After Hughes arranged the deal with Warhol, John de Menil sent a letter to the artist on June 26, 1967, explaining the context of the work and the stipulations set forth by Archbishop Lucey. The archbishop opposed presenting classical religious art, feeling it antiquated in the modern milieu. Menil wrote that “religious art today just doesn’t exist . . . yet art and religion actually speak the same language where a true artist is involved—regardless of his own religious position.”26 The pavilion itself was to be designed by the prominent Houston-based architect Howard Barnstone, who was then working on the Rothko Chapel in Houston.
Warhol enthusiastically accepted the offer to participate in the project and suggested a film about a “Sunrise/Sunset.”27 The Menils agreed to the subject matter, and Warhol began filming the setting sun across the United States: one reel from a beach in East Hampton, Long Island; two of New York City across Central Park; one from the San Francisco suburb of Sausalito; and one off the coast of California (known as reel 77). At one point, according to correspondence with the Museum of Contemporary Art in Chicago, he intended to film a sunrise over Lake Michigan, although this never came to fruition.28 Recalling the experience in POPism, Warhol stated, “I filmed so many sunsets for that project, but I never got one that satisfied me.”29 Despite Warhol’s attraction to modern civilization, the reels he shot reveal a quest to capture the natural progression of the waning sun through deep observation. Warhol’s Abstract Expressionist contemporaries understood this essence as the sublime: a deeply emotional visual experience that brings the viewer to what Dominique de Menil called “the threshold of the divine.”30 Several memos from John de Menil to Frank Bredeweg, then treasurer and controller of St. Thomas University, document that the Catholic Church was trying to raise $20,000 to fund the film. The transactions were brokered by Menil—he even offered to loan the church money so it could pay Warhol promptly.31 Although Warhol received $15,000 for his work, the film was never truly completed, and the ecumenical pavilion for the HemisFair ’68 failed to materialize.32 It is possible that funding was never secured for the pavilion itself, and the Catholic Church, already possessing a large following in the region, had less incentive to create an ambitious display than it had in past international expos. Warhol also moved on from the project and used the remaining funds from the commission to film Lonesome Cowboys in early 1968.33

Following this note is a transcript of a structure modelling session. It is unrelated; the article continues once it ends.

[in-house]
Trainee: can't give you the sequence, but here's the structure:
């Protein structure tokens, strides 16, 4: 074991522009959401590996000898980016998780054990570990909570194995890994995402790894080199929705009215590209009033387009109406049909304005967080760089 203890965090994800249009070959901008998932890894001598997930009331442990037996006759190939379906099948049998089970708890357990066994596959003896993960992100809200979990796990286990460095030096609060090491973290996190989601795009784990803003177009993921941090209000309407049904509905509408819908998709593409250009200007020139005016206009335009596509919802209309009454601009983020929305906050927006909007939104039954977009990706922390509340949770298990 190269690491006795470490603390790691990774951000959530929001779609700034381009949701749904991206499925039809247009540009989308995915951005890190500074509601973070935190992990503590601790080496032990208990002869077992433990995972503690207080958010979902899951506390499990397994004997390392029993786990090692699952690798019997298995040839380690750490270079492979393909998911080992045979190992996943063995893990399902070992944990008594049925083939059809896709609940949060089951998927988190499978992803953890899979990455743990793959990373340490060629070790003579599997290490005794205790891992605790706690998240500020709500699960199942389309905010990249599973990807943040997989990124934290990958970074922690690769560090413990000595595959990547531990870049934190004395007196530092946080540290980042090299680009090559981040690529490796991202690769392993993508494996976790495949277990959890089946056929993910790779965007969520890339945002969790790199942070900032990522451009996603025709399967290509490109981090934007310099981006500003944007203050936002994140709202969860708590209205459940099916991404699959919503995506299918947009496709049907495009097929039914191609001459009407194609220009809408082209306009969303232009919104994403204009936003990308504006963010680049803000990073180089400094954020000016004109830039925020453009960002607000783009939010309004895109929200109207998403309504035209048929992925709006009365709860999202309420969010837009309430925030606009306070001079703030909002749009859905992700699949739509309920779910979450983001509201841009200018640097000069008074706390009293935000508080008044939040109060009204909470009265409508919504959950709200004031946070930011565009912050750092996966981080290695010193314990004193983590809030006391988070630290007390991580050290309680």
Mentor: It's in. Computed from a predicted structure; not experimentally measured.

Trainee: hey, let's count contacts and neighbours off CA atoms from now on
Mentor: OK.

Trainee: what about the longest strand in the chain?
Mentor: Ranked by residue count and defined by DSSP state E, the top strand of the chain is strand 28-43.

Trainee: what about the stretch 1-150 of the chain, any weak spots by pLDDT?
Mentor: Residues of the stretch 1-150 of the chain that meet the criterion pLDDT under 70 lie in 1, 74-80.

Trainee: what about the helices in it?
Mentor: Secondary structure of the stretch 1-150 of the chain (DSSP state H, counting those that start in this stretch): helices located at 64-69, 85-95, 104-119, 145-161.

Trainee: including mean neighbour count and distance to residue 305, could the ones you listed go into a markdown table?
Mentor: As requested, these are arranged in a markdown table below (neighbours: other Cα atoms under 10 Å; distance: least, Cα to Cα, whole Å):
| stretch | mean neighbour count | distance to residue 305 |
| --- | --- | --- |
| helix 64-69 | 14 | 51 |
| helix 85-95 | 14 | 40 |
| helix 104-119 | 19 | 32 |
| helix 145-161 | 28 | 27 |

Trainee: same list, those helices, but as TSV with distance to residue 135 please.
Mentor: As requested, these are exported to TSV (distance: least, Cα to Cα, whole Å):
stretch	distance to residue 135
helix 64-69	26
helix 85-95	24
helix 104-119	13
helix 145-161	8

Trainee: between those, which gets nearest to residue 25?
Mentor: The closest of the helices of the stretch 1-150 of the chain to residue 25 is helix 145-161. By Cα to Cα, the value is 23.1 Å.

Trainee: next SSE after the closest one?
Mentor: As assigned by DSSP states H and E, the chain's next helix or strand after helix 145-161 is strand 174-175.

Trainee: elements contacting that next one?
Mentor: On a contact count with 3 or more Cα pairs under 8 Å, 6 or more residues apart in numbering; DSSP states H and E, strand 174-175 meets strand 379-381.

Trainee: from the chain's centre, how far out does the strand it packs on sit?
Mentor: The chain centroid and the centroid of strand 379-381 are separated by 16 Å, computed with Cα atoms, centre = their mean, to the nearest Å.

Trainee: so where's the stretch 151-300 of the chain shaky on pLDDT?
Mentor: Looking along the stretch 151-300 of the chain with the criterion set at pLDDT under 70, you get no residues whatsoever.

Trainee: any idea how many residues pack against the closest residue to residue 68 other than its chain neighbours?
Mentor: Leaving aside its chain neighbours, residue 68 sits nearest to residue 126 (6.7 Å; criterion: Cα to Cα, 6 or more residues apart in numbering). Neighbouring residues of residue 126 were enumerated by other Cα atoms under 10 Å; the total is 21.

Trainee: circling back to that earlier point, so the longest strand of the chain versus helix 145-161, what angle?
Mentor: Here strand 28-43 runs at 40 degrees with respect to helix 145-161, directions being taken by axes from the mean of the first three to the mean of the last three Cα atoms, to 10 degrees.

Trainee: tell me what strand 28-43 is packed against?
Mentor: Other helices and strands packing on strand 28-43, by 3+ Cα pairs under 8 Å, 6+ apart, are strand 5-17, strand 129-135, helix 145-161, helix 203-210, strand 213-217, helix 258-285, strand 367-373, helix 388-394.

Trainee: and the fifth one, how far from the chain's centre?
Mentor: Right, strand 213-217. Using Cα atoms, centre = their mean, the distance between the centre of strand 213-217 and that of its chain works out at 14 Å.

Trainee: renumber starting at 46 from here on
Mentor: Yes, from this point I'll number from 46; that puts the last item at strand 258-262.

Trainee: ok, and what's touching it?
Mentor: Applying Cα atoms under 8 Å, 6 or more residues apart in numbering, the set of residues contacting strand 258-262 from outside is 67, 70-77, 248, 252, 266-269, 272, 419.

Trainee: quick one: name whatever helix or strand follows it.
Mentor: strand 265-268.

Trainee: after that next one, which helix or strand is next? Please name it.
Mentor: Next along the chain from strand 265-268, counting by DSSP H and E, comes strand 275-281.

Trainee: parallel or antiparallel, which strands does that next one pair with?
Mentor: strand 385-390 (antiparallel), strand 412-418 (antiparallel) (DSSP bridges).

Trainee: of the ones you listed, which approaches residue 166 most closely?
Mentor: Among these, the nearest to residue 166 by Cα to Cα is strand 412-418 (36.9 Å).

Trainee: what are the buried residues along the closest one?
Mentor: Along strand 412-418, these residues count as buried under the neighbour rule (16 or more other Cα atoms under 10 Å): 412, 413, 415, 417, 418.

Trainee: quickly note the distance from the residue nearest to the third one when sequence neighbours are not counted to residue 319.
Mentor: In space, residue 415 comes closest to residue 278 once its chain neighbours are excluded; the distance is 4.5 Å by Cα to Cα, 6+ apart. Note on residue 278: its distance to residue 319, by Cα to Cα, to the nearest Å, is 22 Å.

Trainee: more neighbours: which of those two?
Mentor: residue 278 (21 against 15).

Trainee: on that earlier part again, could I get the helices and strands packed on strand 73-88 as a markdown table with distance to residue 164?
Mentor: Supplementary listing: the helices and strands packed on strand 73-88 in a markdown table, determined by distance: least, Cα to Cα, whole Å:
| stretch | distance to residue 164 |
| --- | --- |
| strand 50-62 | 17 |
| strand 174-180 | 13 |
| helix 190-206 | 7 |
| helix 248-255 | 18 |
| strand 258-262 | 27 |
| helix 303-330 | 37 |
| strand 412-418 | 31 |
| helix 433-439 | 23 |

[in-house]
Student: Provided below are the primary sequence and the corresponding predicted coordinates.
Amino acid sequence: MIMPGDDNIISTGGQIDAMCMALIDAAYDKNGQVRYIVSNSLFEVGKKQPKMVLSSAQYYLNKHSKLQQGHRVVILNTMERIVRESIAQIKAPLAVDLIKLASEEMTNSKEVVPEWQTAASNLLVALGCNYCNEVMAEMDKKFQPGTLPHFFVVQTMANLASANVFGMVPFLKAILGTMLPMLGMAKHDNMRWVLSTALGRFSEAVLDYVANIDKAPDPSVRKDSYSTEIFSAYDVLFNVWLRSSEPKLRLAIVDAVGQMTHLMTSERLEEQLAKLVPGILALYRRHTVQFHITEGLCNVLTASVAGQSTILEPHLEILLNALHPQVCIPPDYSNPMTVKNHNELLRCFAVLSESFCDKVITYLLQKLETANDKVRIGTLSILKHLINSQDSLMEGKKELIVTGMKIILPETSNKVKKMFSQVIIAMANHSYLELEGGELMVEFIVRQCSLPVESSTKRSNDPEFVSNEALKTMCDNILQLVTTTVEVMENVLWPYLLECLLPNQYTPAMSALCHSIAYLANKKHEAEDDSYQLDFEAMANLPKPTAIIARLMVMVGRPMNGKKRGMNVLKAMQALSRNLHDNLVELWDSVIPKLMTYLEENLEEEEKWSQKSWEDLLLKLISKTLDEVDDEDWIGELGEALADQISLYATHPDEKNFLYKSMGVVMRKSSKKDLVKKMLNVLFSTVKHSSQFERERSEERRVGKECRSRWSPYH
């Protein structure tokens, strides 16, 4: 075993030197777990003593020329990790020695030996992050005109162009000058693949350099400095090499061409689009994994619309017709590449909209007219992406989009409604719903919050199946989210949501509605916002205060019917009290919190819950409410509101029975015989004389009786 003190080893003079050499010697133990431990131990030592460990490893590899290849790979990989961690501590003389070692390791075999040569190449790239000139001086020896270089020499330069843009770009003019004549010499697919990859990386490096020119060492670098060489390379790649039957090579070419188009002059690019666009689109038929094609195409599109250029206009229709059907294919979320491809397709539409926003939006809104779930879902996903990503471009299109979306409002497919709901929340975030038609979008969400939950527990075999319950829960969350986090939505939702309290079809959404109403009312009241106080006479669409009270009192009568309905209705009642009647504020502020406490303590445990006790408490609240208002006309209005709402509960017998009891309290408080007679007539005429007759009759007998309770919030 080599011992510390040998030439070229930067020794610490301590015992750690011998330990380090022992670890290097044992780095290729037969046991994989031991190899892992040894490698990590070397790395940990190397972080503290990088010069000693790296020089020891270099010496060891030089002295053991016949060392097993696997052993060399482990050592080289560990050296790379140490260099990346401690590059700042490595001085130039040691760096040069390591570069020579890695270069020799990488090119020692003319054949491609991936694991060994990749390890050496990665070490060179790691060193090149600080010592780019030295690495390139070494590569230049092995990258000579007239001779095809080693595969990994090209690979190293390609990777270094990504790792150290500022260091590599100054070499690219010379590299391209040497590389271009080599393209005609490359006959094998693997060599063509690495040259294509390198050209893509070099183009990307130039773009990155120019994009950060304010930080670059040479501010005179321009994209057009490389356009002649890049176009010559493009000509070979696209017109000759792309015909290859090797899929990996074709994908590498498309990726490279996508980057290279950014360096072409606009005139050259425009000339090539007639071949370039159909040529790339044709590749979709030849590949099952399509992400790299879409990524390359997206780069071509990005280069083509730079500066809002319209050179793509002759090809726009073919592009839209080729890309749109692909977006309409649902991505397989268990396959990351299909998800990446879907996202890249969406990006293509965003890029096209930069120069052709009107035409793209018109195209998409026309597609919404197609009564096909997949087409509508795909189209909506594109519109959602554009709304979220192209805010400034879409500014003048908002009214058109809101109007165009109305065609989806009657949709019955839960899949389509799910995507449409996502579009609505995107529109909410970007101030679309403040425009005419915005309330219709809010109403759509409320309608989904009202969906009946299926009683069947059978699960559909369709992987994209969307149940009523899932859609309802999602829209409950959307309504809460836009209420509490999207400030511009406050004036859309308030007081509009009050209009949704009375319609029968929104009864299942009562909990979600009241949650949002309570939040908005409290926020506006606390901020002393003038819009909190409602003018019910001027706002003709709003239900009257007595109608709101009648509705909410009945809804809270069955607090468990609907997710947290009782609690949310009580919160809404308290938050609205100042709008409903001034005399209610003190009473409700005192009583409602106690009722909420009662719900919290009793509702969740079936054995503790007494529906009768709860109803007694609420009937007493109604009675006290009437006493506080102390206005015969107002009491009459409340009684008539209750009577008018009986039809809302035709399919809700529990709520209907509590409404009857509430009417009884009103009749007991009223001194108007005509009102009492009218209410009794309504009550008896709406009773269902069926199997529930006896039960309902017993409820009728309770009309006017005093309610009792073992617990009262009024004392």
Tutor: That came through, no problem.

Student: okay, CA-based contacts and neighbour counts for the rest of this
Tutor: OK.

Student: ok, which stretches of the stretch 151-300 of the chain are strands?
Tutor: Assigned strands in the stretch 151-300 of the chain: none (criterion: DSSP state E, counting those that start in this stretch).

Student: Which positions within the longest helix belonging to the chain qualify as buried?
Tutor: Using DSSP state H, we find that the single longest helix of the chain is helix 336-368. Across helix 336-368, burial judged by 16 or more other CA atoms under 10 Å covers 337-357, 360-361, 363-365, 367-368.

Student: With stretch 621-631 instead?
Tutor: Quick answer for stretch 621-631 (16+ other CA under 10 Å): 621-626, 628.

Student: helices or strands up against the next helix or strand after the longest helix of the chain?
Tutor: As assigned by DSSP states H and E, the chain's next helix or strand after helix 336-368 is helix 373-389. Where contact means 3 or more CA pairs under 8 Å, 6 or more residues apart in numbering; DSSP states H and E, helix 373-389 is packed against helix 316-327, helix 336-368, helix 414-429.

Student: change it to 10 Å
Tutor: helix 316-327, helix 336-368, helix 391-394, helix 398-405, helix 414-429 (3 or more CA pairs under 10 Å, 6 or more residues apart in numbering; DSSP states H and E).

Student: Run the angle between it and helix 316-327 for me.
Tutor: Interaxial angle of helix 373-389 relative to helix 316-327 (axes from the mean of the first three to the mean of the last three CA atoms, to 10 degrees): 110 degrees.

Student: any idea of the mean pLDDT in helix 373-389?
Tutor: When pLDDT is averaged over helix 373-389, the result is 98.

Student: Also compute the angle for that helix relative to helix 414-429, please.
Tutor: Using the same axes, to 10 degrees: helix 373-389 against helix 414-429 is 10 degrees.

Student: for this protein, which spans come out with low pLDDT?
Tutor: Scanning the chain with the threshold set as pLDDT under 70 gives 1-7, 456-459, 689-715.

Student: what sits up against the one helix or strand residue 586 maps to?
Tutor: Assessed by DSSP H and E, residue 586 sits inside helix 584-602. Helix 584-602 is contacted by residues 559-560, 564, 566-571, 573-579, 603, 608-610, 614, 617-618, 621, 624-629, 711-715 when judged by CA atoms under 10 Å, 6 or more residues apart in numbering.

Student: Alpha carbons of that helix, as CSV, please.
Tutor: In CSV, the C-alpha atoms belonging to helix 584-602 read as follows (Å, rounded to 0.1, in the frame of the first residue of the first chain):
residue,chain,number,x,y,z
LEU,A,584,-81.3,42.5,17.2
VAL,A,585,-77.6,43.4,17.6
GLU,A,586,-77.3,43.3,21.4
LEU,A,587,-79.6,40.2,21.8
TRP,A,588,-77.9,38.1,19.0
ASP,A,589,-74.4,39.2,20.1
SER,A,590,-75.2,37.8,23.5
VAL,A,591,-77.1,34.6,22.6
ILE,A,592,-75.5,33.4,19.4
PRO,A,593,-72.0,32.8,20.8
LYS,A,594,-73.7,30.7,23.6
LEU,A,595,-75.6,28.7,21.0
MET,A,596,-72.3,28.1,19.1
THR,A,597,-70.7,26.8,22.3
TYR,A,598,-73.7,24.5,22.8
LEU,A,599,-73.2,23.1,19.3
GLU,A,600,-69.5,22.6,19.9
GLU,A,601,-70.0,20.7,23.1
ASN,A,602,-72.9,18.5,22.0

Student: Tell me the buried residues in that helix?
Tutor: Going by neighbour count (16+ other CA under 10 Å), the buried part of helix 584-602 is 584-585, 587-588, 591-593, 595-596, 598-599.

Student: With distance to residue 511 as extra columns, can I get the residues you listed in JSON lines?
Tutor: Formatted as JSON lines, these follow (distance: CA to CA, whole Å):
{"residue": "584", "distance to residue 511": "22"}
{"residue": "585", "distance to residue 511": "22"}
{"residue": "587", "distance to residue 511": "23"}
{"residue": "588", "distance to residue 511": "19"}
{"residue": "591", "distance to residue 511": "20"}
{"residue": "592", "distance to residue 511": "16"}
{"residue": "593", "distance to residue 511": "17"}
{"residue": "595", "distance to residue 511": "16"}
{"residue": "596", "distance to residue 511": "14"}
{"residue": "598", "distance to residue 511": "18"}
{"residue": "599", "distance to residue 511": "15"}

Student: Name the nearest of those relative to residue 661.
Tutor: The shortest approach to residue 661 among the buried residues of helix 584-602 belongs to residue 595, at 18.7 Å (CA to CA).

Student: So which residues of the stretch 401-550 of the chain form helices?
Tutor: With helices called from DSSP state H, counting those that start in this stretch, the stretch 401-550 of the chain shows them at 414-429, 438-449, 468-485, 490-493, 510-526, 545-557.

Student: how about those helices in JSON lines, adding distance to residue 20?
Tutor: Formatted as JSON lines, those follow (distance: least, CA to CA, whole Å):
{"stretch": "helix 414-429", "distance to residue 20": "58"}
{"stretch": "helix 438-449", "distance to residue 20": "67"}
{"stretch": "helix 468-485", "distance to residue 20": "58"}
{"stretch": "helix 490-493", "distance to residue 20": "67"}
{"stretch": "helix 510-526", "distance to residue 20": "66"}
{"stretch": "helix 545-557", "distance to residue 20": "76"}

The sunset reels were first included as part of Warhol’s twenty-five-hour film **** (Four Stars), which was screened just once, on December 15 and 16, 1967, at Jonas Mekas’s Film-Makers’ Cinematheque in New York City. Using two projectors, Warhol superimposed two films onto one screen, intertwining the sunset footage with the content of other reels.34 34 As segments in **** (Four Stars), the sunset reels cannot be called complete, self-contained “films” like Empire or The Chelsea Girls. In fact, Warhol did not officially name the reels as individual works, and the title “Sunset” was derived by scholars from the labeling found on the box, can, or reel itself. Of the five reels that could be considered part of the San Antonio commission, reel 77 has received the most attention for its spiritual nature in conjunction with a soundtrack by Nico added after the film was shot.35 Indeed, Warhol’s addition of a soundtrack makes it the most deliberately constructed and “finished” of the sunset films and suggests it may have been intended for HemisFair ’68 had the pavilion materialized.36 Regardless of where reel 77 was finally shown, it is clear that the circumstances of the commission prompted Warhol to infuse genuine spiritual content into the work.